Russian President Vladimir Putin ordered his government on Wednesday to honor a $15 billion bailout deal for Ukraine, but a minister suggested the make-up of a new government in Kyiv will determine how quickly the vital aid is dispatched.
In Kyiv, Ukraine's new interim prime minister promised to try to limit the economic damage inflicted by more than two months of turmoil, and said he expected Russia to disburse a further $2 billion aid installment “very soon”.
Moscow, however, sent mixed messages on how soon the money which Ukraine urgently needs would arrive.
Putin repeated a promise he made on Tuesday to provide the aid even if the opposition forms the next government in Kyiv. “I would ask the government to fulfill all our financial agreements in full,” he said, according to Interfax news agency.
However, his Economy Minister Alexei Ulyukayev cast doubt on the timing of the installment. “Our commitment to fulfilling these obligations has been confirmed. As for the schedule and parameters, this is an issue that requires further discussion with our Ukrainian colleagues and consideration of the restructuring of the government,” Interfax quoted him as saying.
Putin agreed the aid package with Ukraine in December, throwing the ex-Soviet state a lifeline in what the opposition and the West regard as a reward for scrapping plans to sign political and trade deals with the European Union and promising to improve ties with Russia.
Ukraine has been gripped by mass unrest since President Viktor Yanukovich walked away from the EU deals last November.
FILE - Ukrainian Prime Minister Mykola Azarov
Prime Minister Mykola Azarov resigned on Tuesday in an attempt to appease the protesters and the opposition, and though his deputy has taken over as acting prime minister it is unclear when a new government will be formed.
Leonid Kravchuk, the first president of independent Ukraine, stressed the depth of the crisis on Wednesday.
“The state is on the brink of civil war. We must call what is happening by its proper name. What is happening is revolution because we are talking about an attempt to bring about a change of power,” he told parliament.
With Yanukovich and loyalist deputies in parliament now making concessions to defuse the crisis and with Azarov, a Russian-born hardliner, gone there had been speculation that Moscow might slow or even halt the stream of aid.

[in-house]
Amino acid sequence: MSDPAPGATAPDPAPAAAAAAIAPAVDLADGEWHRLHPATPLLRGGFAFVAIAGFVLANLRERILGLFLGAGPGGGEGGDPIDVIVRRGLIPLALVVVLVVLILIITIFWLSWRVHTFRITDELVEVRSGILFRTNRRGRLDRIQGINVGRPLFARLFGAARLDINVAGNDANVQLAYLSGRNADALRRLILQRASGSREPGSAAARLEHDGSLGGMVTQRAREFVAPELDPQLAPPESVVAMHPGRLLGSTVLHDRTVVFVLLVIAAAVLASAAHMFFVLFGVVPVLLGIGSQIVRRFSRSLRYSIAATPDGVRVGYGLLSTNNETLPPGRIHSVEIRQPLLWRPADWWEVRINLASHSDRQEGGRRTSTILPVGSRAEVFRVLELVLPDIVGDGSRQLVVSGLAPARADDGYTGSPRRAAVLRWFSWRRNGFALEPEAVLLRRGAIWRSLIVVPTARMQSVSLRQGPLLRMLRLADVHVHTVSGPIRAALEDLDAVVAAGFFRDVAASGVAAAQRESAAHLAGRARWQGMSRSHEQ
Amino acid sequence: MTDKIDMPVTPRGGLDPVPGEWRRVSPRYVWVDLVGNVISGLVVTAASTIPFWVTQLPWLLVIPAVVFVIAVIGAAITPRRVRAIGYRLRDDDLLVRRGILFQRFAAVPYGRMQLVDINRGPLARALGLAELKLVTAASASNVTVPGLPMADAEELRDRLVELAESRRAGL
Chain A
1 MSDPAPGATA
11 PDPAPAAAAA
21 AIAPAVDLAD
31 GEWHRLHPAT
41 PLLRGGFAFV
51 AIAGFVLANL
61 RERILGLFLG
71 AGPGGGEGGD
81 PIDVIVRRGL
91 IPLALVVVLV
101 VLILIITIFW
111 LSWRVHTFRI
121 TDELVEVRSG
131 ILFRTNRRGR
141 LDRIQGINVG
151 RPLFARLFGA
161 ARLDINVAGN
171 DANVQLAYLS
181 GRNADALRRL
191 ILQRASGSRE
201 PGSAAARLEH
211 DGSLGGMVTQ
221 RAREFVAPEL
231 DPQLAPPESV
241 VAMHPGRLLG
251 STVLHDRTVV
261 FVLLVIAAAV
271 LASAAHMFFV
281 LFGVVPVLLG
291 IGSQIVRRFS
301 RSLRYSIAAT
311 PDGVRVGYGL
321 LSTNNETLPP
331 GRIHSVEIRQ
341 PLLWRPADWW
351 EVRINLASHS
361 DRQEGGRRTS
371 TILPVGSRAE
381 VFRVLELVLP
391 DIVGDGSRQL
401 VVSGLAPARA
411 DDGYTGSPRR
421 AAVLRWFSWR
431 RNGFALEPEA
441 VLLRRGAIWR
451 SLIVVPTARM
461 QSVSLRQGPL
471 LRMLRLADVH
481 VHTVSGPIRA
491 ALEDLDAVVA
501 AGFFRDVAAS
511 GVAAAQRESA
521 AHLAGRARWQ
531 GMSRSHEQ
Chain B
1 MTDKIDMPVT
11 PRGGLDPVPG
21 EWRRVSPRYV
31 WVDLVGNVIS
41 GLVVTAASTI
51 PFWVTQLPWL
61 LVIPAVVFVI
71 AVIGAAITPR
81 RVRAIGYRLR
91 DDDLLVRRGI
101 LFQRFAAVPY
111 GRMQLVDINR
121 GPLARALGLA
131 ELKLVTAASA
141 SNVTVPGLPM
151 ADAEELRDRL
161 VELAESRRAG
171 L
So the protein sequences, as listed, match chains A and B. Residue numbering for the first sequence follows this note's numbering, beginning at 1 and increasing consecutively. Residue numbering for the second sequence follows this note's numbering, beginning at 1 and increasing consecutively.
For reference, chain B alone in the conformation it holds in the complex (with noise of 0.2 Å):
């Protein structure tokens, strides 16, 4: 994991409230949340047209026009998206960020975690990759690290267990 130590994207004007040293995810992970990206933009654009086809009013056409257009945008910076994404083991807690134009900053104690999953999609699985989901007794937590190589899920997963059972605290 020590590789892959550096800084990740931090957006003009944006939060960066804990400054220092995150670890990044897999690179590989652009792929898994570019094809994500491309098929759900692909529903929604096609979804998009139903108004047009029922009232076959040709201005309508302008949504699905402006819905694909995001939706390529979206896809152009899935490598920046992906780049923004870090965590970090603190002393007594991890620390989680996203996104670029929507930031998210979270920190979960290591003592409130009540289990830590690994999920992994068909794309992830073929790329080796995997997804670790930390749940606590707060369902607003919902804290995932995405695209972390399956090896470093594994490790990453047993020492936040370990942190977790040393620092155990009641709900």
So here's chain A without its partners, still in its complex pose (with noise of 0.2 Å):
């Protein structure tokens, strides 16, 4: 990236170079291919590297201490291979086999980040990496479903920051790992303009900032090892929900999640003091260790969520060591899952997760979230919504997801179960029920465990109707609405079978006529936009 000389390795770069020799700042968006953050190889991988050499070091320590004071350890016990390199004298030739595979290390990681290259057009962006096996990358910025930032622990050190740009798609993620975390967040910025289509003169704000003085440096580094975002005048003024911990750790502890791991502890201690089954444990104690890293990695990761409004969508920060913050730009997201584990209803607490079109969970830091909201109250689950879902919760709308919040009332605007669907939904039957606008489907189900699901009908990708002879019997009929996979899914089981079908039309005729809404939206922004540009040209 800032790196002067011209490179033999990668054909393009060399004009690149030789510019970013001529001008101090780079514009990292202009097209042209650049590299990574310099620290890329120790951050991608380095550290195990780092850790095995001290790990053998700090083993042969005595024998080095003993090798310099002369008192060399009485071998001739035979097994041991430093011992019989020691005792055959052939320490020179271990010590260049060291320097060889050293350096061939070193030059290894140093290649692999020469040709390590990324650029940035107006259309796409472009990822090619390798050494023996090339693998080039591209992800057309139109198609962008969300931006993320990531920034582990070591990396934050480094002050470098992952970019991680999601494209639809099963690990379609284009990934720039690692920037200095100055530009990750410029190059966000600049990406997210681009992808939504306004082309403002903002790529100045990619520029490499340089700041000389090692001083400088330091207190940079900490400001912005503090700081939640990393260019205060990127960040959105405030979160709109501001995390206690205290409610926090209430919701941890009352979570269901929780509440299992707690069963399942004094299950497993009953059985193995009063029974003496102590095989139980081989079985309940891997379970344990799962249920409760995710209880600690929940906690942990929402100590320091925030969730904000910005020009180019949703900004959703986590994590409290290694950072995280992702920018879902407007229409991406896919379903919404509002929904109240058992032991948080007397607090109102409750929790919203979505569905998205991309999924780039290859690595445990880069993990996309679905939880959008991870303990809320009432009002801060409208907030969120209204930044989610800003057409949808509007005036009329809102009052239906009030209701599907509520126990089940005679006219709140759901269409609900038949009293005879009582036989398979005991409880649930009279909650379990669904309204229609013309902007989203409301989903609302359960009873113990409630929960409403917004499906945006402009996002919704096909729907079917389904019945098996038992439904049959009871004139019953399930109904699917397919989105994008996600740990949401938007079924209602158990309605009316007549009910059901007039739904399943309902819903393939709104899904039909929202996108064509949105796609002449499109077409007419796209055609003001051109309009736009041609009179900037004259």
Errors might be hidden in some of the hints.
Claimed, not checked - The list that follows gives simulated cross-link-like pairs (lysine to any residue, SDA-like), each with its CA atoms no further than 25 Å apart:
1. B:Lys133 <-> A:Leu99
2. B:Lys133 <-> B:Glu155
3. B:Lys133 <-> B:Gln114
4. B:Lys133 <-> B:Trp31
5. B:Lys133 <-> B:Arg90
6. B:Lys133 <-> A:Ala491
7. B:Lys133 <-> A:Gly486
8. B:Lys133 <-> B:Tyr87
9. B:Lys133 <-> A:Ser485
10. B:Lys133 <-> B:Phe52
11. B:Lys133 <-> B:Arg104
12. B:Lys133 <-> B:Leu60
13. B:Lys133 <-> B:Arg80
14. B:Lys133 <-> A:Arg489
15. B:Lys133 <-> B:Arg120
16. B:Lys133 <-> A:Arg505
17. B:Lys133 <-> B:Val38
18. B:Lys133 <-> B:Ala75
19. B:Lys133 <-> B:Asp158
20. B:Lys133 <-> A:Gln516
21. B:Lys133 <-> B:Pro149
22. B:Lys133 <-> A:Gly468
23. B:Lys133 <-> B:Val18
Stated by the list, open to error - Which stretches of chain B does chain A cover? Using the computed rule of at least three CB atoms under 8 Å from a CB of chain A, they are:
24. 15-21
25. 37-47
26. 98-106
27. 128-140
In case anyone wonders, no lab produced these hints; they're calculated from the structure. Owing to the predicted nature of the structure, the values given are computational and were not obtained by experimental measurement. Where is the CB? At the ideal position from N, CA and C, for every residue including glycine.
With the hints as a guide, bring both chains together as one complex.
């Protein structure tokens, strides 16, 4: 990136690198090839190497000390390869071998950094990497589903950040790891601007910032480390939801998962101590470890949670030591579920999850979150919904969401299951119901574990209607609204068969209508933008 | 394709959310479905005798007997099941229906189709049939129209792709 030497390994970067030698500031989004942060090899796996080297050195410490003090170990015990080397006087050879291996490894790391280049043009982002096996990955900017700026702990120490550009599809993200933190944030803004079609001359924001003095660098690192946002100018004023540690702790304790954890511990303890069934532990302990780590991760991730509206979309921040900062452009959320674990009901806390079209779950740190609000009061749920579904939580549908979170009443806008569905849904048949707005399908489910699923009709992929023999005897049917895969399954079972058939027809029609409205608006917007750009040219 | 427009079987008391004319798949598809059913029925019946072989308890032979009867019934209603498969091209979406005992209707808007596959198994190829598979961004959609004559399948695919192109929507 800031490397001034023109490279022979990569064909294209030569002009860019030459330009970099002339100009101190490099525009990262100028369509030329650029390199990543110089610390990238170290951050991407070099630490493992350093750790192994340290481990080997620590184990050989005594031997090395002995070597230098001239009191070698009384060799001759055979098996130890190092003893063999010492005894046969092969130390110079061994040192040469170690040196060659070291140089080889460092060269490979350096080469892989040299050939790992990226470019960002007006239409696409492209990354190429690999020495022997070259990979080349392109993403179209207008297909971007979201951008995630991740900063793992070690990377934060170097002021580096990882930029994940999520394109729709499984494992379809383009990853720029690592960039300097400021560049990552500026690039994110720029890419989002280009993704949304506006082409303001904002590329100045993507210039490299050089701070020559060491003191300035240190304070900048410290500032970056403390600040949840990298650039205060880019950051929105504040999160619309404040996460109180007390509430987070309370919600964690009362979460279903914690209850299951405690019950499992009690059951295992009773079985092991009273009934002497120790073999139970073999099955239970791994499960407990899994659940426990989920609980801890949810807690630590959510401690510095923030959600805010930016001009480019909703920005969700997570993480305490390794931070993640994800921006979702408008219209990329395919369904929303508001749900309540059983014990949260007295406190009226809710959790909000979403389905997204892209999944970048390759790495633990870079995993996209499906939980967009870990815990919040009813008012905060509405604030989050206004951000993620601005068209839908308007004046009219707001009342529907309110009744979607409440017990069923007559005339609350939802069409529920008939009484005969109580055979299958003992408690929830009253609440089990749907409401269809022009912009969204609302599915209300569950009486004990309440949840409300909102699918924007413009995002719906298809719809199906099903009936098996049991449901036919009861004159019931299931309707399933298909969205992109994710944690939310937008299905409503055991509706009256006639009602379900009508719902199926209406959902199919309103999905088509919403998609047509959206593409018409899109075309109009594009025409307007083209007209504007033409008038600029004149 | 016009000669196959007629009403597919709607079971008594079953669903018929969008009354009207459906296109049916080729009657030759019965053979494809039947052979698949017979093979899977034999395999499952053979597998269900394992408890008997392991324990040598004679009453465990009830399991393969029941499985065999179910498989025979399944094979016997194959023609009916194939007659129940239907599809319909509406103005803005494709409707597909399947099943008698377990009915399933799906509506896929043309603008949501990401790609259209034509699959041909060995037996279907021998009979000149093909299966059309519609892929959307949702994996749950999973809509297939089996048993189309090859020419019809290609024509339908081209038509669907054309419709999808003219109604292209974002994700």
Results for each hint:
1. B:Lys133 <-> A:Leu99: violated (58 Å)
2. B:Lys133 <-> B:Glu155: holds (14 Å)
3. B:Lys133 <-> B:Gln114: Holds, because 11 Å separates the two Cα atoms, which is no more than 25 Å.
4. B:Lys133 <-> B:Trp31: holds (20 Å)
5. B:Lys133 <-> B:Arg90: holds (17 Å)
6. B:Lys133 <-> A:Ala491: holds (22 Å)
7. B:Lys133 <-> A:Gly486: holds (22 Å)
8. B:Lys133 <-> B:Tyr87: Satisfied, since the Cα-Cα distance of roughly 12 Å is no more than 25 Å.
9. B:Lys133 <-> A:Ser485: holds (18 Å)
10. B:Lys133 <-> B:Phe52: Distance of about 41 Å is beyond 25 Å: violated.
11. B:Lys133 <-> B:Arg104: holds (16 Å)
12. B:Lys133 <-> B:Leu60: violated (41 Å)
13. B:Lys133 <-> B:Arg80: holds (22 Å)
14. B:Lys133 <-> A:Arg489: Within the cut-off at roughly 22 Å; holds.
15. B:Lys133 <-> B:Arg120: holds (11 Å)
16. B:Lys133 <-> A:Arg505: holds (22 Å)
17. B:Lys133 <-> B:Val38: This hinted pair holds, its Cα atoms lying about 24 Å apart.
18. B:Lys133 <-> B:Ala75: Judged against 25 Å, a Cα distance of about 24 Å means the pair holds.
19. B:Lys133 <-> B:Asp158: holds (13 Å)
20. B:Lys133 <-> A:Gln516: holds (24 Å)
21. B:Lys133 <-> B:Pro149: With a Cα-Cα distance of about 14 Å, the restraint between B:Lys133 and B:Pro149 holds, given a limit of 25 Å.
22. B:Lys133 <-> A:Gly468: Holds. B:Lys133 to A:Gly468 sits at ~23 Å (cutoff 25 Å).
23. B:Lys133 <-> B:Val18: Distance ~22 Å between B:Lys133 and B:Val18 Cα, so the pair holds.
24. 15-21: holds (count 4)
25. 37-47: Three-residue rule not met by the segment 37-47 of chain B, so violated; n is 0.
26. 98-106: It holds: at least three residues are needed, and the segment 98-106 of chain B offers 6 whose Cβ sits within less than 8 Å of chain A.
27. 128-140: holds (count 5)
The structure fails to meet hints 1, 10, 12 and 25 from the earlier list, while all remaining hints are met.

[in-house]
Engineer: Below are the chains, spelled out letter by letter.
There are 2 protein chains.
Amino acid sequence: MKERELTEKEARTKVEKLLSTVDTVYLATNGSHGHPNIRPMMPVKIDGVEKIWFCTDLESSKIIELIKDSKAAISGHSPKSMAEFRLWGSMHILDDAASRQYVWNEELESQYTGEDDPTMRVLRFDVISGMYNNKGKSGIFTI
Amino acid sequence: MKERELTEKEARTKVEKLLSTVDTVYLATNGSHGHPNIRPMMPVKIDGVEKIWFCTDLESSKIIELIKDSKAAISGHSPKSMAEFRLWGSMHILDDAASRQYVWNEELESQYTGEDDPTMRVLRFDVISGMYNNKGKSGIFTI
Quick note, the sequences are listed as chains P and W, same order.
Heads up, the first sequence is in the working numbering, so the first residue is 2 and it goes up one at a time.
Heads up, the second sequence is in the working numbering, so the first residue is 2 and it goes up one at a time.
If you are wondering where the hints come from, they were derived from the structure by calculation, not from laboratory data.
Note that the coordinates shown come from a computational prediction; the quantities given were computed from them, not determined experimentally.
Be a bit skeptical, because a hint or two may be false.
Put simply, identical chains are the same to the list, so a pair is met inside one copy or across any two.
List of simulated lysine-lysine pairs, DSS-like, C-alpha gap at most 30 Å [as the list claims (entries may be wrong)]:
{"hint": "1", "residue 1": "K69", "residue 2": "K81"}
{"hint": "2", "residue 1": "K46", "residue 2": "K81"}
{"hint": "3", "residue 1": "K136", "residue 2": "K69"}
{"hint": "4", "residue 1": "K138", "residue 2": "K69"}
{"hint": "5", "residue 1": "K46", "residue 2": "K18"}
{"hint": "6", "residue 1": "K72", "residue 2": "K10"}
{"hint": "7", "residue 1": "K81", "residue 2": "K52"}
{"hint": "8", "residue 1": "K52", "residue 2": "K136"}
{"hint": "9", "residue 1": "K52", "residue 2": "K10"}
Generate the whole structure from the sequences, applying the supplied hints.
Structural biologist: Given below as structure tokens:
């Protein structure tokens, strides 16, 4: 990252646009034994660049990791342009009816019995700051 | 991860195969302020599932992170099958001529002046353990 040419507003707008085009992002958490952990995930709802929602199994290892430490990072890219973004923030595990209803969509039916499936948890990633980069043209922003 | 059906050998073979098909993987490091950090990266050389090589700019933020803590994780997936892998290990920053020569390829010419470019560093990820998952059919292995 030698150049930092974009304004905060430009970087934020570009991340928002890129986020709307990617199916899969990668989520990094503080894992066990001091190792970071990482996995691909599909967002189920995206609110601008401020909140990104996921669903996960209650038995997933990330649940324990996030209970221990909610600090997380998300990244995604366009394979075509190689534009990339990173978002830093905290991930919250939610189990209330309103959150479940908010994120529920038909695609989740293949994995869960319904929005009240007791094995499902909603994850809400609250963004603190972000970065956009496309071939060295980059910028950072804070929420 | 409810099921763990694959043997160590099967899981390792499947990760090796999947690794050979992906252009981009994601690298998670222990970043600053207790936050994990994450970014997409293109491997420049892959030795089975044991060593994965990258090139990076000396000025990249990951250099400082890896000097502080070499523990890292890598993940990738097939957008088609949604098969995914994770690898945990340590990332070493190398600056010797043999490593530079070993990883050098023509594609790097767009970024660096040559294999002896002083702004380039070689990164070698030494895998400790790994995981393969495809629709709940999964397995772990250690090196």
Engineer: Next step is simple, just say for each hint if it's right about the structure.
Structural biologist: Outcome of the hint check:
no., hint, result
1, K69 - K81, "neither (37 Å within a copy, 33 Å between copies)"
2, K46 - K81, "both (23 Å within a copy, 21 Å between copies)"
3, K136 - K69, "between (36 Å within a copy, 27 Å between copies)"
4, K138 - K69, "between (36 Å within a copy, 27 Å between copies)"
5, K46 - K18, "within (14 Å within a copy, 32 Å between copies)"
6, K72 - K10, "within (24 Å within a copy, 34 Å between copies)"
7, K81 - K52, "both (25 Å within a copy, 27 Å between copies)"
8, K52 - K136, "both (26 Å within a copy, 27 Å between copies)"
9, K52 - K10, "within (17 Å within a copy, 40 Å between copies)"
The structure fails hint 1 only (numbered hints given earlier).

But acting prime minister Serhiy Arbuzov appeared to have been cheered by Putin's promise on Tuesday to extend the $15 billion in credits and cheaper gas.
“We have already received the first tranche of $3 billion and expect to receive the second tranche of $2 billion very soon,” he said, chairing his first cabinet meeting. Russian is offering the funds by buying Ukrainian government bonds.
In Kyiv opposition deputies and Yanukovich loyalists were in back-room talks on Wednesday over the wording of a draft law under which protesters detained so far by police would get amnesties.
Protesters rest behind a barricade in front of riot police in Kyiv, Ukraine, Jan. 28, 2014.
Though the unrest began because of Yanukovich's U-turn on policy towards Europe, it has since turned into a mass demonstration, punctuated by violent clashes between radical protesters and police, against perceived misrule and corruption under Yanukovich's leadership.
Several hundred people camp round-the-clock on Kyiv's Independence Square and along an adjoining thoroughfare, while more radical activists confront police lines at Dynamo football stadium less than half a kilometer away.
Anti-Yanukovich activists have also stormed into municipal buildings in many other cities across the sprawling country of 46 million. Hundreds of protesters in Kyiv have occupied City Hall and the main agricultural ministry building.
Opposition leaders, including boxer-turned-politician Vitaly Klitschko, were resisting demands by Yanukovich's Regions Party for barricades to be removed from roads and for protesters to leave occupied buildings as a pre-condition for an amnesty for detained activists.
Klitschko, in a comment which also highlighted the tenuous control the opposition leaders have over sections of the protest movement, said: “For us to simply say to people 'you have done your job, now go home' is now not possible.”
In a big concession to the opposition and the protest movement, pro-Yanukovich deputies voted on Tuesday to repeal a series of sweeping anti-protest laws which they brought in hastily on Jan. 16 in response to increasingly violent clashes.
But opposition leaders, who also include former economy minister Arseny Yatsenyuk and nationalist Oleh Tyahnibok, have won a mandate from protesters on the streets to continue to press for further gains from Yanukovich.
The opposition also wants a return to the previous constitution which would represent another significant concession since it would reduce Yanukovich's powers.
Speculation that Russia might cut the financial lifeline it has offered prompted the Standard & Poors
agency to cut Ukraine's credit rating to CCC+ on Tuesday.
Arbuzov said the central bank was ensuring stability on the financial markets and he made no mention of any changes to his predecessor's policy of keeping the hryvnia currency pegged close to the dollar and maintaining subsidies for domestic gas - both criticized by the International Monetary Fund
The tense situation and talk by some of Yanukovich ministers of a possible state of emergency being declared has caused alarm in the West and Western governments have urged Yanukovich to take all measures to ease the situation.
The EU's foreign policy chief, Catherine Ashton, was in Kyiv on Wednesday and scheduled to meet Yanukovich and opposition leaders.
U.S. Vice President Joe Biden, in a telephone conversation with Yanukovich on Tuesday night, welcomed concessions made so far and encouraged him to look for more ways to compromise with the opposition, the White House said.